• The wolf chase has been cut out entirely, and replaced with a new duet for Anna and Kristoff. The part where she keeps him from falling off the sled is changed to them keeping each other from falling off a bridge.
    • Possibly due to being the most iconic song of the entire film, "Let It Go" is saved for the finale of Act I rather than happening immediately after Elsa flees the kingdom. As a result, much of Act I is centered around Anna and Kristoff searching for clues of Elsa's whereabouts, building up the suspense of her final destination and decision.
      • "Let It Go"'s melody is lowered a half-step in key, so it's sung with the same key as Demi Lovato's pop cover from the end credits of the movie, for the sake of making it easier for actresses to hit the notes.
    • Elsa doesn't create Marshmallow in the show. Instead, she forces Anna, Kristoff, and Olaf out of the castle herself.
    • The trolls are now human (or at least humanoid) characters. Additionally, they come to the royal family rather than the royal family coming to them. Consequently, Kristoff's Minor Kidroduction is cut due to being an unnecessary detail that would interrupt the flow of the story.
  • Promoted to Love Interest: In this version, Grand Pabbie and Bulda are a couple, as well as Kristoff's adoptive parents.
  • Race Lift: Jelani Alladin, the first actor to play Kristoff, is African-American.
  • Rebellious Princess: Young Anna has shades of this before her accident —
    Iduna: Elsa, no! What did we say?
    Elsa: "Magic must stay secret."
    Iduna: There are just some things we can't do in public.
    Anna: Like run naked in the breeze!
    Iduna, Elsa & Agnarr: ANNA!
  • Recycled Soundtrack: In addition to most of the songs and score from the original film appearing in this adaptation, the new song "Let the Sun Shine On" incorporates young Elsa and Anna's "One two three together, clap together, snap together" chant from "We Know Better", a Cut Song from the movie's soundtrack.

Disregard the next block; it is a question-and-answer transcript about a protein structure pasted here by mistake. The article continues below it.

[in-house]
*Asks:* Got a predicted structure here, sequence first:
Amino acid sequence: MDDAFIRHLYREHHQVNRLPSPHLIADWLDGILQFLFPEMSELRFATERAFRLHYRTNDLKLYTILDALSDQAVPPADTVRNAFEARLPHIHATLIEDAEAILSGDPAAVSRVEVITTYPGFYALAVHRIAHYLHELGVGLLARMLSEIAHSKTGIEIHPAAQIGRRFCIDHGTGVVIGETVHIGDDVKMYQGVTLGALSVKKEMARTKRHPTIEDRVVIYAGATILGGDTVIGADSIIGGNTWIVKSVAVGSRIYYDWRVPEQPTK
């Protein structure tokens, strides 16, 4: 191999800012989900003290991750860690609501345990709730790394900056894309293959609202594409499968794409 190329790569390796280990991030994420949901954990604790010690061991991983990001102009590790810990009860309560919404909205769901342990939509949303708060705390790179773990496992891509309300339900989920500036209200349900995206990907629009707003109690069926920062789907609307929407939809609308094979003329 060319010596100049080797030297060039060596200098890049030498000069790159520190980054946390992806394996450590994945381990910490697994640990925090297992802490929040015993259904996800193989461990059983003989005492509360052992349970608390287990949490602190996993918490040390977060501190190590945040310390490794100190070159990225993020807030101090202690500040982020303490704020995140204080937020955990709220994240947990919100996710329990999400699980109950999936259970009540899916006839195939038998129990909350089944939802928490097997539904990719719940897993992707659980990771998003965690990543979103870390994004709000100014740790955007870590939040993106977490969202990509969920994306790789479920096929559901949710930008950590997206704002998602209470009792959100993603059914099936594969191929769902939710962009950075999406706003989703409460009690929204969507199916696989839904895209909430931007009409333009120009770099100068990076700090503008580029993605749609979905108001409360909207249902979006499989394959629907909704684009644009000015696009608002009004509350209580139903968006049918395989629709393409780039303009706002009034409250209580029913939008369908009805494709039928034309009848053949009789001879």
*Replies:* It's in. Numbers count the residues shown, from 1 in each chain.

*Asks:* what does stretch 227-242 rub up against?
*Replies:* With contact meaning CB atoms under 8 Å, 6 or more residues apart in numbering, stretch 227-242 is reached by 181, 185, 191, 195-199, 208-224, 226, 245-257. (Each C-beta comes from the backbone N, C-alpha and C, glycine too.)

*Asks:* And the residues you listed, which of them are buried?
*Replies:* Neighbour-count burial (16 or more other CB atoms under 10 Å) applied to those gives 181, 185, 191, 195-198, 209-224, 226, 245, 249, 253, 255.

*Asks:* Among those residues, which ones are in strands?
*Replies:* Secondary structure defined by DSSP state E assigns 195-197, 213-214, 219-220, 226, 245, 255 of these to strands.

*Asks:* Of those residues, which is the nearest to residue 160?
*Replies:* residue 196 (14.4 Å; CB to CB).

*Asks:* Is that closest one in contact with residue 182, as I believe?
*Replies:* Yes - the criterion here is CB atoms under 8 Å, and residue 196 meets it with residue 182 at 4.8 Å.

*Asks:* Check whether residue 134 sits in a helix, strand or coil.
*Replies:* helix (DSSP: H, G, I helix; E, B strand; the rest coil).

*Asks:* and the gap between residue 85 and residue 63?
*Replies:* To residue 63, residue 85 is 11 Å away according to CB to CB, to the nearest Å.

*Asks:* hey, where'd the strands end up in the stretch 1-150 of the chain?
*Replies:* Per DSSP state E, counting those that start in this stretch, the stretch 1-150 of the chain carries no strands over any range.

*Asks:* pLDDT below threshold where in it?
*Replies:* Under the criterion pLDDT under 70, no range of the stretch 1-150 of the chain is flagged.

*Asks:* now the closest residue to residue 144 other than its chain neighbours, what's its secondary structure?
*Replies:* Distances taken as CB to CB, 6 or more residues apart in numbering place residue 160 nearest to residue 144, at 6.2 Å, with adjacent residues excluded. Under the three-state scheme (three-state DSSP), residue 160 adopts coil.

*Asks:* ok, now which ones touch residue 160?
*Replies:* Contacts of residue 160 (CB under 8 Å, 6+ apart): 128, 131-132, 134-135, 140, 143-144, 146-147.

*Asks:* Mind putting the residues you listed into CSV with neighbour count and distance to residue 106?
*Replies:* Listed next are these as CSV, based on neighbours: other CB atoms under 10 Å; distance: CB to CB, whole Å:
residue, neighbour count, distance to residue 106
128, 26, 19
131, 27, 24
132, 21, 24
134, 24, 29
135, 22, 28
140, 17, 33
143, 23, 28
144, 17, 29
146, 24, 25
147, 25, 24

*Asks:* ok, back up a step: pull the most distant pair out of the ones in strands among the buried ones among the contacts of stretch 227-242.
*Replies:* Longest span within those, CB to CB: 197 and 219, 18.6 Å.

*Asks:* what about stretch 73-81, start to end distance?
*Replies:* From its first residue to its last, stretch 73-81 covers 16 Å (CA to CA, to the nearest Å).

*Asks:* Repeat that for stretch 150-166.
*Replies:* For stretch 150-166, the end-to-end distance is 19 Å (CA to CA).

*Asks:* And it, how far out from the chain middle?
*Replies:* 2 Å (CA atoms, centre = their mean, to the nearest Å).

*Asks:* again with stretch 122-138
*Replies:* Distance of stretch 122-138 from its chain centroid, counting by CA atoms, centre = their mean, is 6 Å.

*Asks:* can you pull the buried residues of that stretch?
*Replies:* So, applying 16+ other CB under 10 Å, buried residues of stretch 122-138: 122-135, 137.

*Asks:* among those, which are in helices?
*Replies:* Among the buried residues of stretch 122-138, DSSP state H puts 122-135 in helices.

• Samaritan Relationship Starter: Although "What Do You Know About Love?" starts off as a Duet of Differences, it ends with Kristoff and Anna becoming closer after they save each other from falling off a cliff.
  • Self-Deprecation: Hans deprecates himself constantly during both instances of "Hans of the Southern Isles", which conceals how ambitious he really is.
  • Shout-Out: When young Elsa and Anna build Olaf with their toys in "A Little Bit of You", the Pixar ball is part of his body.
  • Triumphant Reprise:
    • The first time Hans sings "Hans of the Southern Isles", it highlights his Adorkableness. In the reprise, he becomes a heroic figure as he recruits men to attack Elsa's castle.
    • The Finale is a triumphant reprise of "Let It Go", starting as a duet by Elsa and Anna as Elsa thaws Arendelle, and concluding with the entire company joining in.
  • Visible Invisibility: Olaf is handled the same way Timon is handled in The Lion King, He is depicted through a puppet with the puppeteer standing right behind him, dressed in white, visible to the audience but not to the characters.
  • Villain Song: Prince Hans gets two solos in the show, "Hans of the Southern Isles" and a reprise, although they aren't particularly villainous. During the Denver production, however, Hans had a Dark Reprise that he sings when he betrays Anna, gloating about his plot, which acted as his true Villain Song. Lyrics available here.

Alternative Title(s): Frozen